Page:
Home owners may be forced to upgrade their poorly insulated homes before selling

The owners of more than a million poorly insulated homes may be forced to upgrade them before they can be sold to help to meet the government’s climate change targets.

The Committee on Climate Change, which advises the government on the targets, is calling for urgent action to reduce the amount of energy wasted in homes. It says in a report that government policies set out last year in the clean growth strategy are inadequate to meet the UK’s legally binding targets to reduce greenhouse gas emissions.

It wants the government to try to give homeowners incentives to invest in better insulation but to make it compulsory if take-up is low. The incentives could include low-interest-rate loans or discounts on stamp duty if a home is upgraded soon after being sold.

The policy would apply to at least 1.2 million homes that are in the bottom two bands, F and G, for energy efficiency. Owners would be required to upgrade them to at least band E.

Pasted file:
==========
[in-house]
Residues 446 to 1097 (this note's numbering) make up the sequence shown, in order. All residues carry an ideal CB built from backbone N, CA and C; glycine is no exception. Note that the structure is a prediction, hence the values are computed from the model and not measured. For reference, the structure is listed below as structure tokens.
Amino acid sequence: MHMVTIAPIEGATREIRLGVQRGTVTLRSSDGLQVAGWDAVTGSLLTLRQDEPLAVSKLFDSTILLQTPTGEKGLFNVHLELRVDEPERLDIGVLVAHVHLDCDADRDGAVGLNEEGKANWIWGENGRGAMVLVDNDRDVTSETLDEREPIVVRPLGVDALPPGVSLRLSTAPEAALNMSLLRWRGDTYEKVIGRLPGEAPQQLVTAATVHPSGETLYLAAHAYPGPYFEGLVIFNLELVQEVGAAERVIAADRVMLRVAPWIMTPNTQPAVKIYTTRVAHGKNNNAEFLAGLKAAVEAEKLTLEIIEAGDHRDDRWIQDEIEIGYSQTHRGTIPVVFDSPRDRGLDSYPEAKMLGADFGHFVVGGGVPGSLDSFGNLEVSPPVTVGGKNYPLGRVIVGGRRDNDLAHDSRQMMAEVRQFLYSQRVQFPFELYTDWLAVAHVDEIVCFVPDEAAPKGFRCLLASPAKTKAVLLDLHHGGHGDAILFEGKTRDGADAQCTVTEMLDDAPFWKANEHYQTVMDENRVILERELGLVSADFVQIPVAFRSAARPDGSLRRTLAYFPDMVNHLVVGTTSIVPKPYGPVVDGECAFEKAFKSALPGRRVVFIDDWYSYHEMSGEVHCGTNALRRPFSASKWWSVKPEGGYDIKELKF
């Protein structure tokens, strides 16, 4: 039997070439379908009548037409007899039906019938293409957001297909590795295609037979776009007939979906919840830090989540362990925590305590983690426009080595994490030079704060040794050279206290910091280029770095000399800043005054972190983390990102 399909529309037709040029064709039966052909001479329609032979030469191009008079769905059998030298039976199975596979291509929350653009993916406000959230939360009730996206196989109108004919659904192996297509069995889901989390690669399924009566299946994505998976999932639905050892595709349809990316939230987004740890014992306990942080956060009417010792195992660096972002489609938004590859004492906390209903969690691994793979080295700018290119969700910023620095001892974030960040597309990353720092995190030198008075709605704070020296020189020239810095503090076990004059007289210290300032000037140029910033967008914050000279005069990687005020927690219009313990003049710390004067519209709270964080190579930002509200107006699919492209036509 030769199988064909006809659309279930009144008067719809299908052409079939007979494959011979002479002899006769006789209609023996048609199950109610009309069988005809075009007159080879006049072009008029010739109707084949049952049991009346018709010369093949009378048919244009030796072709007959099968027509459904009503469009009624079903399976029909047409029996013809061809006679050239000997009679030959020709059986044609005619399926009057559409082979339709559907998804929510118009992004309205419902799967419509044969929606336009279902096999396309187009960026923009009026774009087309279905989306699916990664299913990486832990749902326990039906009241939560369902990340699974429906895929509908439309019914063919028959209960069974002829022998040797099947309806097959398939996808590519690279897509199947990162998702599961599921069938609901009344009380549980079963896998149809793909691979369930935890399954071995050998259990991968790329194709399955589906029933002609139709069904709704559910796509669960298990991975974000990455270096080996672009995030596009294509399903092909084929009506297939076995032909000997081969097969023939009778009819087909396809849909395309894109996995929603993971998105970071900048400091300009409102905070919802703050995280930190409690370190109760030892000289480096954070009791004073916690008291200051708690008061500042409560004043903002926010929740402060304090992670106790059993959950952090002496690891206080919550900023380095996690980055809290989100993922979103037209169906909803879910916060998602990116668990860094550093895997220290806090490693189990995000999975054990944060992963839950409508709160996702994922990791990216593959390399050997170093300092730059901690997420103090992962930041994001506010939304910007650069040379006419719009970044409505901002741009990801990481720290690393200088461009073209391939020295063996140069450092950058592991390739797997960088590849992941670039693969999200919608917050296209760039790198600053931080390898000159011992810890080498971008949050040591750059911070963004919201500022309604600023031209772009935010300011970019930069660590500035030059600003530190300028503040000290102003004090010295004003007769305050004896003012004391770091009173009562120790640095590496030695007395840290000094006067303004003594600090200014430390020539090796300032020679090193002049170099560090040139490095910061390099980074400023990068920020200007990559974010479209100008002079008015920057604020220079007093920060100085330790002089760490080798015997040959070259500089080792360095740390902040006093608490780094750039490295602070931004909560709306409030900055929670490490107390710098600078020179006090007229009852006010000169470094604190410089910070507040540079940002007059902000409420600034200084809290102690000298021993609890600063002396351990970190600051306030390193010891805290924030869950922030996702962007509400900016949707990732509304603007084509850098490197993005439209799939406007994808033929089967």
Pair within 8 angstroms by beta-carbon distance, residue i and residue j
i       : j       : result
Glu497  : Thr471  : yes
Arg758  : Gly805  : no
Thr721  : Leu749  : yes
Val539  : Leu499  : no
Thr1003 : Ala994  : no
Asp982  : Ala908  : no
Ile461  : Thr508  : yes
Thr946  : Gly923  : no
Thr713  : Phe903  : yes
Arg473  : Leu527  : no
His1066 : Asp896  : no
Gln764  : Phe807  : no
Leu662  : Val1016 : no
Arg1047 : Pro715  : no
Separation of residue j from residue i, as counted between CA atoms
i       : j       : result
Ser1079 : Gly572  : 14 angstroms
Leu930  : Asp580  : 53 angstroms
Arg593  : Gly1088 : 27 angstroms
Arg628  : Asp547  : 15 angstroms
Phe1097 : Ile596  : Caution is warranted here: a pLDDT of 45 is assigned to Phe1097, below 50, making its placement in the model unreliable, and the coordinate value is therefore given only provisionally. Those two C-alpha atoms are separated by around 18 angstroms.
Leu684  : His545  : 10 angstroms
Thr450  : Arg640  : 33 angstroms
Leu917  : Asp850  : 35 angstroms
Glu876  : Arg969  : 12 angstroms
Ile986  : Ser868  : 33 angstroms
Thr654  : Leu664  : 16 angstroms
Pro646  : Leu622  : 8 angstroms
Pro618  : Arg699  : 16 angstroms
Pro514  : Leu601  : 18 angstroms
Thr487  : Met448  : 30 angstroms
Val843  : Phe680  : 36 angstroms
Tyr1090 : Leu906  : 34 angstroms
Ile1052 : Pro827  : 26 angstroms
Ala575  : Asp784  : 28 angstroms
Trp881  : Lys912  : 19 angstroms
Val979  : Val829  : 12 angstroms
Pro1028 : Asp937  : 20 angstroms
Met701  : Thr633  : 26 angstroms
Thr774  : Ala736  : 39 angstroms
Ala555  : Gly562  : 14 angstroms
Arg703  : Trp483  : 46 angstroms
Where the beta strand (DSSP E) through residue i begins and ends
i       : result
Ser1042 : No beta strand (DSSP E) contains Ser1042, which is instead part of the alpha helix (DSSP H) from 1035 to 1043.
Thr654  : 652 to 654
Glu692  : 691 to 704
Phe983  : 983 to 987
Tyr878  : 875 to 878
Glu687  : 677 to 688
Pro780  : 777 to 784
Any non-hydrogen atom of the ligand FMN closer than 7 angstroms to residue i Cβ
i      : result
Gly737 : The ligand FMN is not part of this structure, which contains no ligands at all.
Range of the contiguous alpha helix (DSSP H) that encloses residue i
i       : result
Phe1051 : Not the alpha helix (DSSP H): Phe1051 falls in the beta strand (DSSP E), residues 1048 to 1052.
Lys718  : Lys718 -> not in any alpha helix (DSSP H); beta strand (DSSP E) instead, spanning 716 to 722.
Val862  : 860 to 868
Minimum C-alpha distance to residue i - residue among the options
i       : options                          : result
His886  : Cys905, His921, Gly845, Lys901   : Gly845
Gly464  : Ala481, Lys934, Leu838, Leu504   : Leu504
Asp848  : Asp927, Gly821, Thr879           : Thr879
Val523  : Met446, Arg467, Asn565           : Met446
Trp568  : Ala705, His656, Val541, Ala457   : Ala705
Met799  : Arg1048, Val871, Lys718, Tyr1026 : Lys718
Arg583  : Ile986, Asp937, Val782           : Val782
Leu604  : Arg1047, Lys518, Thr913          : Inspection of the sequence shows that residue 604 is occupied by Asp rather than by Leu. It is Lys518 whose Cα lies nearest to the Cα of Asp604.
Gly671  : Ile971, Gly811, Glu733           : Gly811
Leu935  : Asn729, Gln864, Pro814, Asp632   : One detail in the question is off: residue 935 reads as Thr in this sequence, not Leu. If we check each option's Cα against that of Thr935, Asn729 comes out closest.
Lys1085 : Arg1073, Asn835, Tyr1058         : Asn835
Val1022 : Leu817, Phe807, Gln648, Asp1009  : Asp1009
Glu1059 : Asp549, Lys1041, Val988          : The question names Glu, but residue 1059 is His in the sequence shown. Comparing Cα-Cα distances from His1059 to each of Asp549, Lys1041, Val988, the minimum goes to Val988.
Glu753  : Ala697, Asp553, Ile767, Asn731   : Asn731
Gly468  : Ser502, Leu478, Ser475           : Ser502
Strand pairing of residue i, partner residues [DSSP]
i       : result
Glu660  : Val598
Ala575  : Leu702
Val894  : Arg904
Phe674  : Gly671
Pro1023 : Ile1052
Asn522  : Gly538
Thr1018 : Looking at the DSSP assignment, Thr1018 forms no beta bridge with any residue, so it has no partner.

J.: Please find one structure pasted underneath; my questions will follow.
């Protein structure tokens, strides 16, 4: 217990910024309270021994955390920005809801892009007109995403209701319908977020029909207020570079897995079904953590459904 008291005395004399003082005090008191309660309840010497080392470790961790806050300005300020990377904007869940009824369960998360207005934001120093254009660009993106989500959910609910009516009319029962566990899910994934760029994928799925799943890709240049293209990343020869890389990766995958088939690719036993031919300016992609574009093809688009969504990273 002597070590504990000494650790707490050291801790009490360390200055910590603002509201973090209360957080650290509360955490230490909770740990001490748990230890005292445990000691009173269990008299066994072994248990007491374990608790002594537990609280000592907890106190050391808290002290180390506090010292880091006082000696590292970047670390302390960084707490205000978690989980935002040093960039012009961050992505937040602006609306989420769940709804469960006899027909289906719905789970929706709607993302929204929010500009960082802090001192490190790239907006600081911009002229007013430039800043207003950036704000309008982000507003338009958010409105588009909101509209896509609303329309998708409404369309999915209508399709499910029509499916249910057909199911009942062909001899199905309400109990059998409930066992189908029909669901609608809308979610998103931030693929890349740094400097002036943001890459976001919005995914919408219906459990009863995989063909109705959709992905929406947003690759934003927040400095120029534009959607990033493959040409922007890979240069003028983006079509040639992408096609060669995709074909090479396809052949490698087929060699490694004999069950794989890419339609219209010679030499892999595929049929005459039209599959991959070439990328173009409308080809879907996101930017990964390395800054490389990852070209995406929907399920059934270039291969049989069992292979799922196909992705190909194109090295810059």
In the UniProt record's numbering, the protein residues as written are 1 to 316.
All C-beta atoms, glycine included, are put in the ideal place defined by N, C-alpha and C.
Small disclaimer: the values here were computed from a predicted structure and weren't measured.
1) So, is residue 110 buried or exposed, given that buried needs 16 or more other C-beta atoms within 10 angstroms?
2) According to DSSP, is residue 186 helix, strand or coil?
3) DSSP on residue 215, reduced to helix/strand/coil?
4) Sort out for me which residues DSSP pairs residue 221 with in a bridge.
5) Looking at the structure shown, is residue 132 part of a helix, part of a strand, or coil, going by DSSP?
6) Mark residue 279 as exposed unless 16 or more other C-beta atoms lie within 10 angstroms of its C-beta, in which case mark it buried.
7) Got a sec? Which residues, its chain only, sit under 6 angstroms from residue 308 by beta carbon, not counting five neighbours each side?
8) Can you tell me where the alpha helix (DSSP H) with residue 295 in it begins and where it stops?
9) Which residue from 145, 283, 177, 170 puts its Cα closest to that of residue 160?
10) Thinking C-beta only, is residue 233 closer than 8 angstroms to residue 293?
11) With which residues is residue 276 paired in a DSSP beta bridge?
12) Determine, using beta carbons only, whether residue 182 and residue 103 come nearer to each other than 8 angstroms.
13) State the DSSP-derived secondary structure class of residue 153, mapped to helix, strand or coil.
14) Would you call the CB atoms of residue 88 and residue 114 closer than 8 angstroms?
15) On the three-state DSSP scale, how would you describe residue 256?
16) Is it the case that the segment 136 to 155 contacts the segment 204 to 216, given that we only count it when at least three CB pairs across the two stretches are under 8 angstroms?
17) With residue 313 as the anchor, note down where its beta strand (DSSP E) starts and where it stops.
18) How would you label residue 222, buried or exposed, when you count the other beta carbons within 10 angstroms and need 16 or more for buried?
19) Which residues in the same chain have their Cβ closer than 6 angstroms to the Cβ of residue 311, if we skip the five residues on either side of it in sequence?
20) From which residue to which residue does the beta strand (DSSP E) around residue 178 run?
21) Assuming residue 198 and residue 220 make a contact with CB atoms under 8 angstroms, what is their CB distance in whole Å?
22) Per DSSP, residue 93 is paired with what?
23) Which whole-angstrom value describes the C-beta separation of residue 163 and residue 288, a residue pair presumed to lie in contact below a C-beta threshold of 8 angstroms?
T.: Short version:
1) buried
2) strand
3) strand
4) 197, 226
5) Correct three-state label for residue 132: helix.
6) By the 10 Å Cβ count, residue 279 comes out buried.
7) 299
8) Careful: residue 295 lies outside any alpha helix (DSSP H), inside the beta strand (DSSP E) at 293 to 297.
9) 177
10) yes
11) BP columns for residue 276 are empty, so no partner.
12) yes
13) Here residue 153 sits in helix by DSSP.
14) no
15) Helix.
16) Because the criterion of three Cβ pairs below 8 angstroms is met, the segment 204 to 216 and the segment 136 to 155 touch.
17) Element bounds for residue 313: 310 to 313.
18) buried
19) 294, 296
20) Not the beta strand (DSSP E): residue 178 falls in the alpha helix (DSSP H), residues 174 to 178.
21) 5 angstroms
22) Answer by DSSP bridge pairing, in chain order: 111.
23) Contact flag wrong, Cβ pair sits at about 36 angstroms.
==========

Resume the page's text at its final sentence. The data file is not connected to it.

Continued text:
Heating a band G property can cost more than £1,000 a year more than a band E home. The government is already targeting landlords who rent band F and G homes, requiring them to spend £2,500 on energy efficiency measures.

David Joffe, the committee’s head of carbon budgets, said that it was best to target properties being sold because they were often upgraded at that time anyway.

The cost of improvements ranges from £300 for loft insulation to £14,000 for external wall insulation for older properties built without cavity walls.

The committee also calls for tougher energy efficiency standards for new homes and says that some have been poorly built and use more energy than the housebuilders claim.

In addition, the committee calls for 55 million trees to be planted in England by 2025, five times more than the government has pledged to plant by 2020, to help to suck carbon from the atmosphere as well as reduce the risk from flooding linked to climate change.

It says 60 per cent of new cars and vans should be electric by 2030, compared with less than 5 per cent now.